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Nick is a debate coach at Ethos and a recent graduate of Patrick Henry College.
After being forced to try debate at 16, he was quickly hooked by the sport. In his four years of competition in NCFCA, Nick specialized in Team Policy debate. His excellence in competition and brief writing earned him a national reputation as a formidable opponent and a 7th place finish at Nationals.
Eager to give new students early coaching he never had, he began coaching students in his Junior year of high school. He eventually served as the head coach of his debate club, taught a high school-level debate class, and ran debate camps each summer. Students he’s coached went on to national level success, breaking quarters and semis at NCFCA nationals.
After NCFCA, Nick adapted his skillset to the collegiate debate world, winning multiple national titles. Most recently, his team competed at the European Union’s embassy in Washington DC, claiming the championship title in their annual Schuman Challenge. Now working as a Paralegal at a law firm in the DC area, Nick is excited to return to help students excel in the sport he loves.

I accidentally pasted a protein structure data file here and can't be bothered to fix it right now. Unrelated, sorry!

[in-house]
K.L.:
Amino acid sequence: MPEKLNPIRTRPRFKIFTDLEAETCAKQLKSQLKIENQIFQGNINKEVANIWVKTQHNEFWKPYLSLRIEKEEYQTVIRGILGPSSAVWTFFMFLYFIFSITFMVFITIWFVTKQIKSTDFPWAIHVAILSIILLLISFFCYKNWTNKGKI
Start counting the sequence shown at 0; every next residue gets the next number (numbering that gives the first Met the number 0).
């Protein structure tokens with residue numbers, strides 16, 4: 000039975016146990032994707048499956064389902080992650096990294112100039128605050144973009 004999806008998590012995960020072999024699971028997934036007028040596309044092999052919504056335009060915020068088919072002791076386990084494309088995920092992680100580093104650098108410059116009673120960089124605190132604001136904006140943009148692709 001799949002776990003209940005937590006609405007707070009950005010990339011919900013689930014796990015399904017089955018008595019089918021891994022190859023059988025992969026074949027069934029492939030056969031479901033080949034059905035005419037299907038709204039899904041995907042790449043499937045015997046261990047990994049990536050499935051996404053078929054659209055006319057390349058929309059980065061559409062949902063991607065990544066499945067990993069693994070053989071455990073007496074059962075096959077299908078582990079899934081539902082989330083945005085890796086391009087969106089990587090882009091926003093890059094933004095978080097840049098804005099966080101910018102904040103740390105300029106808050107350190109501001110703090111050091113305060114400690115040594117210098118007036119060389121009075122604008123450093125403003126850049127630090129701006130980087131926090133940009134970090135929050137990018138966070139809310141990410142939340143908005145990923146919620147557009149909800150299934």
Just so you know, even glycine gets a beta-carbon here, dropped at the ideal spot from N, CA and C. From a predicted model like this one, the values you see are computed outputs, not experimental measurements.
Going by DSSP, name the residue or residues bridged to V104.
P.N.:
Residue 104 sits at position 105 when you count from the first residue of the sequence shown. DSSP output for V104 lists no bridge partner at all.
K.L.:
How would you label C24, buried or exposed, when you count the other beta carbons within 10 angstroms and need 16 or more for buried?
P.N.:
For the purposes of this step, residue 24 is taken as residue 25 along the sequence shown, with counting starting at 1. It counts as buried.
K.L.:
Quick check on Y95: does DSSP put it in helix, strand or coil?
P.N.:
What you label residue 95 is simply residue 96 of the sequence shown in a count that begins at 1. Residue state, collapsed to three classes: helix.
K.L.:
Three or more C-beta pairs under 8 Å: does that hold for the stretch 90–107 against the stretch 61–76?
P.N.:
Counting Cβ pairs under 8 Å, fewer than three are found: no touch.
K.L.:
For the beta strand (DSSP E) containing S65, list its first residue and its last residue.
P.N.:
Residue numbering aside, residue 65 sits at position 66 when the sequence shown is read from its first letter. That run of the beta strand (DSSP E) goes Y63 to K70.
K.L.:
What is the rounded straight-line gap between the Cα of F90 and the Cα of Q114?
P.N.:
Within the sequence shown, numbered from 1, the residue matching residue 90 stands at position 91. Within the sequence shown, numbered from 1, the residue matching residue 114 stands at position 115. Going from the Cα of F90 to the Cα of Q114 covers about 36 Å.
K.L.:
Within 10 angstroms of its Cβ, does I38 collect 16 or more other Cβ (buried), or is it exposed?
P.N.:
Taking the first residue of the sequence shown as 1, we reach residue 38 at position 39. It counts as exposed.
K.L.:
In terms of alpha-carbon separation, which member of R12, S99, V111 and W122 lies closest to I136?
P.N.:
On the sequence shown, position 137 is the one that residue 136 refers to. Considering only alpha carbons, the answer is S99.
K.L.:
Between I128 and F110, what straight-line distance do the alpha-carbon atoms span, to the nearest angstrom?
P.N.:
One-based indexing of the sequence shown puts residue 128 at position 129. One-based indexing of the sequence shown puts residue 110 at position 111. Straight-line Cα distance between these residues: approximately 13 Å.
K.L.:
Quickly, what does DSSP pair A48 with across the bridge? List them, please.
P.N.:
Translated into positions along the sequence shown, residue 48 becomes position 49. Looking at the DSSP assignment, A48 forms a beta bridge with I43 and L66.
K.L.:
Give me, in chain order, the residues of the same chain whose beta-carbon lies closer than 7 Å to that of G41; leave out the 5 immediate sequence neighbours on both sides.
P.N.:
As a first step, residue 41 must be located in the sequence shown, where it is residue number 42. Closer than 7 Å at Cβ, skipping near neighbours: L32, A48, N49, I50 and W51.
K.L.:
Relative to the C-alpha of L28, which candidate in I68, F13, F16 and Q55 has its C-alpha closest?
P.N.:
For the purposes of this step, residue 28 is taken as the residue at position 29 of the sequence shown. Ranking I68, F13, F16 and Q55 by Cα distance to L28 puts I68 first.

“My goal in coaching is helping push and guide students to excellence – both as critical thinkers and as polished communicators. This is a high bar that requires drive, commitment, and hard work. I prefer to coach by coming alongside students to encourage them where they excel while helping identify areas of weakness. My role is to direct their efforts to improve to the places that will make the biggest difference in round-outcomes. This includes teaching high-level debate strategy, research methods, cross examination, rhetorical, and brief writing techniques, as well as giving students a thought process that will enable them to consistently defeat surprise cases without research.
But I also believe building the kind of mind that is successful in debate (and life) has just as much to do with the formation of good habits of character as it does with research and rhetoric skills. In a sport that is fundamentally a search for truth, integrity, humility, and intellectual honesty are paramount. Making the strongest arguments requires searching for their flaws with an open mind and acknowledging weaknesses. Helping students learn to identify and question the assumptions behind their arguments is crucial to helping them identify and question their opponents underlying assumptions. Persuasive communication requires understanding. Working hard to understand your opponents arguments and assumptions better than they do is a mark of a great debater – and my end goal for students as their coach.”
- National Champions – 2023 European Union Schuman Challenge
- 1st Place Team – 2021 Lafayette Debates U.S. National Championship
- Finalist Team – 2020 Social Justice Debates Series
- Finalist Team – 2020 Morehouse College British Parliamentary Debates, Novice Division
- 7th Place Team – 2019 NCFCA National Championship
- 1st Place Team – 2019 Salem NH Qualifier
- 1st Place Team – 2019 New London CT Qualifier
- 1st Place Team – 2018 Salem NH Qualifier